NC GOP

Burr & Tillis vote in support of journalist-killing Saudi Crown Prince

And for continuing the genocide in Yemen:

Furious over being denied a C.I.A. briefing on the killing of a Saudi journalist, senators from both parties spurned the Trump administration on Wednesday with a stinging vote to consider ending American military support for the Saudi-backed war in Yemen.

The Senate voted 63 to 37 to bring to the floor a measure to limit presidential war powers in Yemen. It was the strongest signal yet that Republican and Democratic senators alike remain vehemently skeptical of the administration’s insistence that the Saudi crown prince cannot, with certainty, be blamed for the death of the journalist Jamal Khashoggi.

This was merely a procedural vote, indicating an interest in intervening in Trump's War Powers Act authority, but it will likely be followed next week by genuine action. The ironic (and extremely hypocritical) move by Richard Burr to vote against this centers on his role as Chairman of the Senate Intelligence Committee. In any other instance, the refusal of the CIA to cooperate would have Burr turning red in the face. But since the CIA (apparently) has overwhelming evidence of the Crown Prince's involvement in Khashoggi's brutal assassination and dismemberment, Burr simply "doesn't want to know." But luckily for us (and maybe those Yemeni children), other Senate Republicans refuse to play possum:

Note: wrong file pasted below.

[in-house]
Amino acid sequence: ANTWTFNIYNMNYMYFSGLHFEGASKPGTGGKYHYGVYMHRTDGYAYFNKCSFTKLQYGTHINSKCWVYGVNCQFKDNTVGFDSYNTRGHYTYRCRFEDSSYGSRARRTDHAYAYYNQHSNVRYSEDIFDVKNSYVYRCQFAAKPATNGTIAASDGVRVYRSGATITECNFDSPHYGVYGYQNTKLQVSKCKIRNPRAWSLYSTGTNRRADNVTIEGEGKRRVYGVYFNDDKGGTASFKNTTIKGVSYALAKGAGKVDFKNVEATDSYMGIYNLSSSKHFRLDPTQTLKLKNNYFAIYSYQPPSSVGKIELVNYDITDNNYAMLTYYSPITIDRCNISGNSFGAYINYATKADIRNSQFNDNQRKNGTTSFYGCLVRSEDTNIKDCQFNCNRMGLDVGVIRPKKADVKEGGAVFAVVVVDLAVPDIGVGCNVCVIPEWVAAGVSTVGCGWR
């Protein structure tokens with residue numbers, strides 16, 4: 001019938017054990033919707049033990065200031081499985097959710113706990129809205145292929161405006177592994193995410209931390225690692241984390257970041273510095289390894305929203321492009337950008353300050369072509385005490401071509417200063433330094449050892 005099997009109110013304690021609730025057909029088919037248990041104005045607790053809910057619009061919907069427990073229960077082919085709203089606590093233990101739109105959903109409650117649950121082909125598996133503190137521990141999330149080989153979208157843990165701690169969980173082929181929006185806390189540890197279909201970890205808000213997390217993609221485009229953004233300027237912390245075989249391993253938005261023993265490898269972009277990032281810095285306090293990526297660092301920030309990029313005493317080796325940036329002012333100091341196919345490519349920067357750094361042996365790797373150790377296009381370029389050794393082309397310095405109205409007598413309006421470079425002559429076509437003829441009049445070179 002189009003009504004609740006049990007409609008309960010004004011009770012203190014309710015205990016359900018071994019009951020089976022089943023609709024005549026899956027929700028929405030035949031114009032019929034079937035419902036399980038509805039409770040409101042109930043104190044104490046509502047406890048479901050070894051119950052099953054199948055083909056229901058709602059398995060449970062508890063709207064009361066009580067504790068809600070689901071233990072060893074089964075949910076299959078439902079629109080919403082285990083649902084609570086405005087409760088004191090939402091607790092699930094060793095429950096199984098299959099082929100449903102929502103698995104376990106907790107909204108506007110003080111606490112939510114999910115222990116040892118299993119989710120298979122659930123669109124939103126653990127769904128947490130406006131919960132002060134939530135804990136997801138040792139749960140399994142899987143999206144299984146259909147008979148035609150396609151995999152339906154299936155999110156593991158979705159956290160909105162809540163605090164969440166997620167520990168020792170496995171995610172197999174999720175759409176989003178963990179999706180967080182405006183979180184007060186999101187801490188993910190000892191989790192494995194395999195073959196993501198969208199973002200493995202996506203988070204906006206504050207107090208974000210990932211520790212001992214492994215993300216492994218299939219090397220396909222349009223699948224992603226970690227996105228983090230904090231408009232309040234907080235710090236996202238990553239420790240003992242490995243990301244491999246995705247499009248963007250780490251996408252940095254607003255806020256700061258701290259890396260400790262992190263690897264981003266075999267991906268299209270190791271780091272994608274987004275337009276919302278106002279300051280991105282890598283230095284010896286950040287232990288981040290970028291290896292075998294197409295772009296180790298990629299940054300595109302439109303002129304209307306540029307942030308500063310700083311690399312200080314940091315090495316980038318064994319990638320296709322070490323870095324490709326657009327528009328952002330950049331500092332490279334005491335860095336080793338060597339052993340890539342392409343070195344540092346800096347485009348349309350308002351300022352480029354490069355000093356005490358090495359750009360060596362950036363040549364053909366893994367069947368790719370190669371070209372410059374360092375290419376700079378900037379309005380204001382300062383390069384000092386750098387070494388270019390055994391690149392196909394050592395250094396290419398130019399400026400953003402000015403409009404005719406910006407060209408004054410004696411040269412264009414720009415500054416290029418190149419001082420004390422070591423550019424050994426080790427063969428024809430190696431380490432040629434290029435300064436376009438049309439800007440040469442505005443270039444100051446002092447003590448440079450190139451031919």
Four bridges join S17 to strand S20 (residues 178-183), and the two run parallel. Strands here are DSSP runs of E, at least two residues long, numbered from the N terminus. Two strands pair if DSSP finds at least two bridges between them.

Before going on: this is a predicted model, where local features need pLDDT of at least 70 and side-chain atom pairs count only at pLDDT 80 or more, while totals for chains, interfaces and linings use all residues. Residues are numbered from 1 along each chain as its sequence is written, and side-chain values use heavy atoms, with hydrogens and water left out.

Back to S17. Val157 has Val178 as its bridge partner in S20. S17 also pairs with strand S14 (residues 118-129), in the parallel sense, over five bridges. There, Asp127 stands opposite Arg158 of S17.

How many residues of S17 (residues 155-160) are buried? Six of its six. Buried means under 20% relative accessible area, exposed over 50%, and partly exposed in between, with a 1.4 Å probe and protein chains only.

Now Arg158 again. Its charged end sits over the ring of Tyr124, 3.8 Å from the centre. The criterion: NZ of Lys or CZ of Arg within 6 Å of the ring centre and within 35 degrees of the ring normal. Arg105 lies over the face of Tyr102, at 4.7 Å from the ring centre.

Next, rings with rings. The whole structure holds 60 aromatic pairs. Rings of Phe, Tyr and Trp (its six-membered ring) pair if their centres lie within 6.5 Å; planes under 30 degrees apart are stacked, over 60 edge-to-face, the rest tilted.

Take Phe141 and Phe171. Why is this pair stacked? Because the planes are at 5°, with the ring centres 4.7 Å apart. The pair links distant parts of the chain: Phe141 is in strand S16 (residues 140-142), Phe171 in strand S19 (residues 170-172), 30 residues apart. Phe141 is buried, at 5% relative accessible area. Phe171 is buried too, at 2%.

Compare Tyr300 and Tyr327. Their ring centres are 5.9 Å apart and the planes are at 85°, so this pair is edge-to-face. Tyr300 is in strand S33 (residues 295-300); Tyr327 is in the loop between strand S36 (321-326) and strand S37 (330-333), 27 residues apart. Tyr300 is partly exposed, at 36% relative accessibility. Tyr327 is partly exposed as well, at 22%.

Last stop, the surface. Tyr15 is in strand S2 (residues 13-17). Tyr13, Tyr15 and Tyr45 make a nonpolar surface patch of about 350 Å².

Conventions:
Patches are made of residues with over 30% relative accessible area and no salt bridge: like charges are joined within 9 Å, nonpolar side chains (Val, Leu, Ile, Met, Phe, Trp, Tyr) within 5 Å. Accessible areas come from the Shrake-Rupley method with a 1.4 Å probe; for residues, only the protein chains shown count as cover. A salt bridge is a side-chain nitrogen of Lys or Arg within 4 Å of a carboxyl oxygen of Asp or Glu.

Millennial and GenZ voters will decide the future of NC

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And Republicans might as well pack their bags:

Participation by two generations of younger voters, millennials and Generation Z, grew strongly in the 2018 elections, both nationally and in North Carolina. Generation Z voters, those born around 2000, are the latest generational cohort to begin reaching voting age. Their numbers will only grow in future elections as more age into the voting pool. Millennials are the preceding generation, which came of age around 2000.

Combined, these two groups make now make up almost a third of North Carolina registered voters. By the time the polls open for the 2020 presidential election, these groups will make up an even greater percentage of the state’s electorate.